The Apple IIe was introduced in January 1983 as a replacement for the Apple II Plus. Apple intended the Apple III to eventually replace the Apple II Plus, but its failure in the marketplace prompted them to release an enhanced version of the II Plus, the Apple IIe. The IIe became so popular that it supplanted the Apple III. The Apple III was quickly discontinued and the IIe would go on to receive many updates and stay in production for about ten years. The IIe offered the same basic functionality of the II Plus, but it did so with fewer chips and was thus cheaper to manufacture. The Apple IIe uses the 1 MHz 6502A processor on an 8-bit data bus. Total RAM is 128K with 64K built into the motherboard and 64K included on the 80 Column Card. The 80 Column Card also allows the Apple IIe to display 80 columns across the screen. Without it, the IIe can only display 40 columns. Apple originally sold the Apple IIe for around $1400. I purchased my Apple IIe system with disk drives, Apple Super Serial Card, and monochrome monitor for $80 in 2000.
80 Column Card
Apple IIe ports. Apple Super Serial Card is in case port #10.
The only built in external ports from left to right - composite video port, audio cassette output/input, and joystick/paddle port
I remember using an Apple IIe system with this same monitor and disk drives in grade school back in the mid-1980s. In those days, computer literacy classes usually consisted of instruction in Applesoft BASIC and DOS 3.3. Windowing operating systems were still very rare. The Macintosh platform wasn't able to catch up to the Apple II's market share until the late 1980s. It would not be until the early 1990s that the Macintosh platform was able to best the Apple II in the education market. In the 1980s, many schools began purchasing the Macintosh for desktop publishing. They were used by media departments to create school newspapers and yearbooks. However, the Apple II platform remained the dominant force in school computer literacy programs for most of the 1980s. Computer science or computer programming classes in high school or junior high tended to be Applesoft BASIC courses using the Apple IIe and later the Apple IIgs.
My Apple IIe system uses an Apple Monochrome Monitor IIe. It is a composite monitor capable of producing shades of green. The display is inset on a swivel that can be angled for more comfortable viewing. The Apple IIe has two text modes: 40-columns text (24 lines, 5 x 7 dot matrix), and 80-columns text (24 lines, 5 x 7 dot matrix)(80 Column Card required). It has three graphics modes: low-resolution 16-color graphics (40h x 48v color blocks, 40h x 40v with four lines of text), high-resolution 6-color graphics (280h x 192v dots, 280h x 160v with four line of text), and double high-resolution 16-color graphics (560h x 192v dots)(80 Column Card required). Since the monitor cannot display color, it cannot take full advantage of the IIe's color modes. A color television with AV jacks can be used if you do not have a color composite monitor, but the low resolution of a television CRT keeps you from enjoying the use of 80 columns. 80 columns on a television screen looks fuzzy, but 40 columns is not problem.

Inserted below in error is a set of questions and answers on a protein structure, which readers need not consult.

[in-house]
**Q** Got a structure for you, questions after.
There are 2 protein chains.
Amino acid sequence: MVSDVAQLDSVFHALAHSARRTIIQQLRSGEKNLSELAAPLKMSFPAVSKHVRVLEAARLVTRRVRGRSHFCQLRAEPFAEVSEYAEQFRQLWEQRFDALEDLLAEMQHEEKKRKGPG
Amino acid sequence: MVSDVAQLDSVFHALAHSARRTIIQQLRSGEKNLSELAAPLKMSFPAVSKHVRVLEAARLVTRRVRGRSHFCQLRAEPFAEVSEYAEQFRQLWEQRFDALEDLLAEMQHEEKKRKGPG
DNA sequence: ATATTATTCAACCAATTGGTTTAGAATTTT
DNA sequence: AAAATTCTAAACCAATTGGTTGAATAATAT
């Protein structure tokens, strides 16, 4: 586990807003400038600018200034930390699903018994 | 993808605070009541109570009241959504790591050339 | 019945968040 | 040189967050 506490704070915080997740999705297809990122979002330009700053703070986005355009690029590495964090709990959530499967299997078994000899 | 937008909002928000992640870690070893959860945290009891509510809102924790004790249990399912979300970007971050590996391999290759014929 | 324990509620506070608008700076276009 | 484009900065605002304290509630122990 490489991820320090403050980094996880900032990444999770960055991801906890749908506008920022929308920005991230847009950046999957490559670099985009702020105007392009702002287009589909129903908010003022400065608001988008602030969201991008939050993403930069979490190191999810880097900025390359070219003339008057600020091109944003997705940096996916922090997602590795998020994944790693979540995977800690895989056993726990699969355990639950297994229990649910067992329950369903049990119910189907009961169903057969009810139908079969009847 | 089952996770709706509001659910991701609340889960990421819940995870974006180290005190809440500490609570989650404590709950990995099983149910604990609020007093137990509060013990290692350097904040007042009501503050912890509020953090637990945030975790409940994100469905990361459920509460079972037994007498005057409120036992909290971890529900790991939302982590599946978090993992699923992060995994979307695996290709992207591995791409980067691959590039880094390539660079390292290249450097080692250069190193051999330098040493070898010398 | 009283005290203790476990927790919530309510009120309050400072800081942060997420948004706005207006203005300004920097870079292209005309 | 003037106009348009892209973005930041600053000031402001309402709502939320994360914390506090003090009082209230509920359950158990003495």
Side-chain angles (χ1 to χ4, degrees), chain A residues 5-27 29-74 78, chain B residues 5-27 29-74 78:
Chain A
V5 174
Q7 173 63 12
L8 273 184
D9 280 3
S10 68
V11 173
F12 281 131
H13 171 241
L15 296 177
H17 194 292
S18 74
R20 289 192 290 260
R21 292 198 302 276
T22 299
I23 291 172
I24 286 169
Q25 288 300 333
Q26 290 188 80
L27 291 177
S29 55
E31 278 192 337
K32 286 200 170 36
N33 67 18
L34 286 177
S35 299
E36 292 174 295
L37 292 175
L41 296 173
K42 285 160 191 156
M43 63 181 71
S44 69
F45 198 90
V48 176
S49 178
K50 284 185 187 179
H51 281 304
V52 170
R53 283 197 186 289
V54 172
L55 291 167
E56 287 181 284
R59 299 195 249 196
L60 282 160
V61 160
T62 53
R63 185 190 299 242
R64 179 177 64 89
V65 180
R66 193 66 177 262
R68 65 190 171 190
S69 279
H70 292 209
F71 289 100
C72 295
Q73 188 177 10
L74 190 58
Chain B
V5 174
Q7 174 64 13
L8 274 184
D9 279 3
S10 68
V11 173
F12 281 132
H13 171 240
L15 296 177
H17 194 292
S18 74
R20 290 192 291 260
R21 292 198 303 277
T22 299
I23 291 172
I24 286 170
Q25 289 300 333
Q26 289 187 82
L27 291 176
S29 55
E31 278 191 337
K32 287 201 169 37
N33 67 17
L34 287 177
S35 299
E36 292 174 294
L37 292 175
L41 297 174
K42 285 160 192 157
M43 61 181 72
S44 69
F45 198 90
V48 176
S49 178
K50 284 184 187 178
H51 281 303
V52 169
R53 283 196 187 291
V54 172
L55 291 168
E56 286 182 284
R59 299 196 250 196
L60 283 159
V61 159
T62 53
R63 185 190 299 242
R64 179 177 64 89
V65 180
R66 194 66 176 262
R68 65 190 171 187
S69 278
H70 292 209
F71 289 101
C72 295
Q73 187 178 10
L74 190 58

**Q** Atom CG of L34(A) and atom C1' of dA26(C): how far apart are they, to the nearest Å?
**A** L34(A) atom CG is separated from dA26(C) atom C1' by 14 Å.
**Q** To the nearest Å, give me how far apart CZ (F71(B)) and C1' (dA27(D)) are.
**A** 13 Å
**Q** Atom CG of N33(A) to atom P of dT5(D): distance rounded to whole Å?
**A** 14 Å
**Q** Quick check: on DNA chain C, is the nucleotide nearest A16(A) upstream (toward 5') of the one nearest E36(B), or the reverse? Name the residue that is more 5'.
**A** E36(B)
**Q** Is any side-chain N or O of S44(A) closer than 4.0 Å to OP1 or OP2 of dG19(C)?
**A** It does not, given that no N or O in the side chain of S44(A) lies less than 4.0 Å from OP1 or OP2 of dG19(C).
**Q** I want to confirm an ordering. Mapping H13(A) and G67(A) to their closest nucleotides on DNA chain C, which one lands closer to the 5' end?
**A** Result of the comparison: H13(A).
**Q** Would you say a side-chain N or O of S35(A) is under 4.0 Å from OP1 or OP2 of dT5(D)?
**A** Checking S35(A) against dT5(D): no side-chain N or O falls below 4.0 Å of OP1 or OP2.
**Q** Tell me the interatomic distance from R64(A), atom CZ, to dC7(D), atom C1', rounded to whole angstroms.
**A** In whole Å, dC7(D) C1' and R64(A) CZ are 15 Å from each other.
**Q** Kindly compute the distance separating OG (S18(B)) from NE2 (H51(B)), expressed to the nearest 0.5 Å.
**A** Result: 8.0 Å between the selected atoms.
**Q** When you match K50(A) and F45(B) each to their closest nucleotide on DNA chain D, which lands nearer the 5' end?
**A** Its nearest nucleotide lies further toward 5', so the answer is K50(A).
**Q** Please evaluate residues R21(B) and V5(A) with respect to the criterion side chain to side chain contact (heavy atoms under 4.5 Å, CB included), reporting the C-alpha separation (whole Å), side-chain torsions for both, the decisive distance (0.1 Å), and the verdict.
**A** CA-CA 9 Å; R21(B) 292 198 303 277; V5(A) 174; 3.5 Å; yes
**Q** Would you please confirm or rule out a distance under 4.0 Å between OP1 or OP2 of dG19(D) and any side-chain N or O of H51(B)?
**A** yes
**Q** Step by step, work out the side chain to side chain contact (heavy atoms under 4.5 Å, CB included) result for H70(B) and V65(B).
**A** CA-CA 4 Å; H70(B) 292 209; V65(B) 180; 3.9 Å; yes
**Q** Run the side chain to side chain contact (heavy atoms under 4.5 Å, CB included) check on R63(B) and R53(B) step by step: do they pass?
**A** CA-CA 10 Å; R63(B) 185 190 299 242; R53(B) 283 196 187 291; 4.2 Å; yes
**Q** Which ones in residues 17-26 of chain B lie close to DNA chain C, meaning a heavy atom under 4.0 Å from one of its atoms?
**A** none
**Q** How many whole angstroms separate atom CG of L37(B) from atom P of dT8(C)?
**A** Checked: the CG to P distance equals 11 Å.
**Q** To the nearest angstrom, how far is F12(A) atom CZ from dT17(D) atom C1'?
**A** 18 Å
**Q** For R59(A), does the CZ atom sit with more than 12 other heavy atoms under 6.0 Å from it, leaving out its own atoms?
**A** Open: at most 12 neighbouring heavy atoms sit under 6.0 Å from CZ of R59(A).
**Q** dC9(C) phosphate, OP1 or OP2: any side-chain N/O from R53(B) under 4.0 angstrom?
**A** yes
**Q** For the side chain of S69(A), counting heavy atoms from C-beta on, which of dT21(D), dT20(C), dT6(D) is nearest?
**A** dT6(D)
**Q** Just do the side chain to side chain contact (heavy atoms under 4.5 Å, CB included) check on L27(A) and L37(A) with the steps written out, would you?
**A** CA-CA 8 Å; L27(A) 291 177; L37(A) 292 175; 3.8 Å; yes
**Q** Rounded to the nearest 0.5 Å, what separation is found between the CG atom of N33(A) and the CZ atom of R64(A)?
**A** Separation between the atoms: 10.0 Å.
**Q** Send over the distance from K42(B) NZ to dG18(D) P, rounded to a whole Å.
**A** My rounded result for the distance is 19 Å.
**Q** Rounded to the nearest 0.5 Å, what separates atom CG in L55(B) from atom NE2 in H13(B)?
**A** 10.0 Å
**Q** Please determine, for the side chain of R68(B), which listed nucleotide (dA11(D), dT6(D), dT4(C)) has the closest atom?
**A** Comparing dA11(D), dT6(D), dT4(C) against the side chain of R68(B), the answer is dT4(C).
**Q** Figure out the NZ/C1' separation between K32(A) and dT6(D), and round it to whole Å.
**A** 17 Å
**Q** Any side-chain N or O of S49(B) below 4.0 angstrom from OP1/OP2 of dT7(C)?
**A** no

My Apple IIe system includes two Apple Disk II drives (actually spelled Disk ][ on the drive label). The Disk II drives were revolutionary for their time. Steve Wozniak substantially designed the Disk II in the late 1970s when the Apple II was Apple's only product. He figured out a way to build the drive for a fraction of the cost of comparable 5.25-inch magnetic drives at the time. Even at a cost of about $600 each (including controller card), these drives were an incredible bargain. They were fast, quiet, durable, and relatively inexpensive. Woz accomplished with a small controller card the same thing it previously took a card many times the size with many more chips. The Disk II Interface Card is made to work only with the Disk II. The process of connecting the Disk II drives to an Apple IIe is shown below. The Disk II drives are attached directly to the card, unlike later generation Apple 5.25-inch drives that use a 19-pin connector.
(Click) Installing a Disk II Interface Card:
Disk II Interface Card, note Drive 1 and Drive 2 connectors.
Thread drive ribbons through port hole.
Connect ribbons to Disk II Interface Card.
Seat Disk II Interface Card in slot.
The top of the Apple IIe easily pops off. Cards can be added to 7 Apple II expansion slots. See Apple IIe, Apple Profile Specs page for Apple's recommended slot configuration. The motherboard also has a dedicated slot for the 80 Column Card. My Apple IIe has three cards on the motherboard. It has the 80 Column Card that allows the IIe to display 80 columns across the screen and also has 64K additional RAM, a Super Serial Card for connecting an ImageWriter II printer, and a Disk II Interface Card for connecting the Disk II disk drives.
Apple IIe top removed
The Apple IIe was replaced by an improved version called the Apple IIe Enhanced in March 1985. The Apple IIe Enhanced was nearly identical to the original IIe, the only difference being four socketed chips had been changed on the motherboard: 6502, CD and EF ROMs, and the Video ROM. The IIe Enhanced has an improved ROM chip that corrected bugs and improved Applesoft BASIC. The ROM chip also included MouseText characters Apple introduced a year earlier in the Apple IIc.
The Apple IIe was a very popular computer used extensively in schools. In the 1980s, it introduced a whole generation of children to computers. It was also very important for Apple's bottom line. During the lean years while the Macintosh struggled to gain widespread acceptance, the Apple IIe provided Apple with a steady stream of revenue that gave them the capital to develop and market the Macintosh platform.
(Click) Apple IIe connected to an Apple Color Composite Monitor: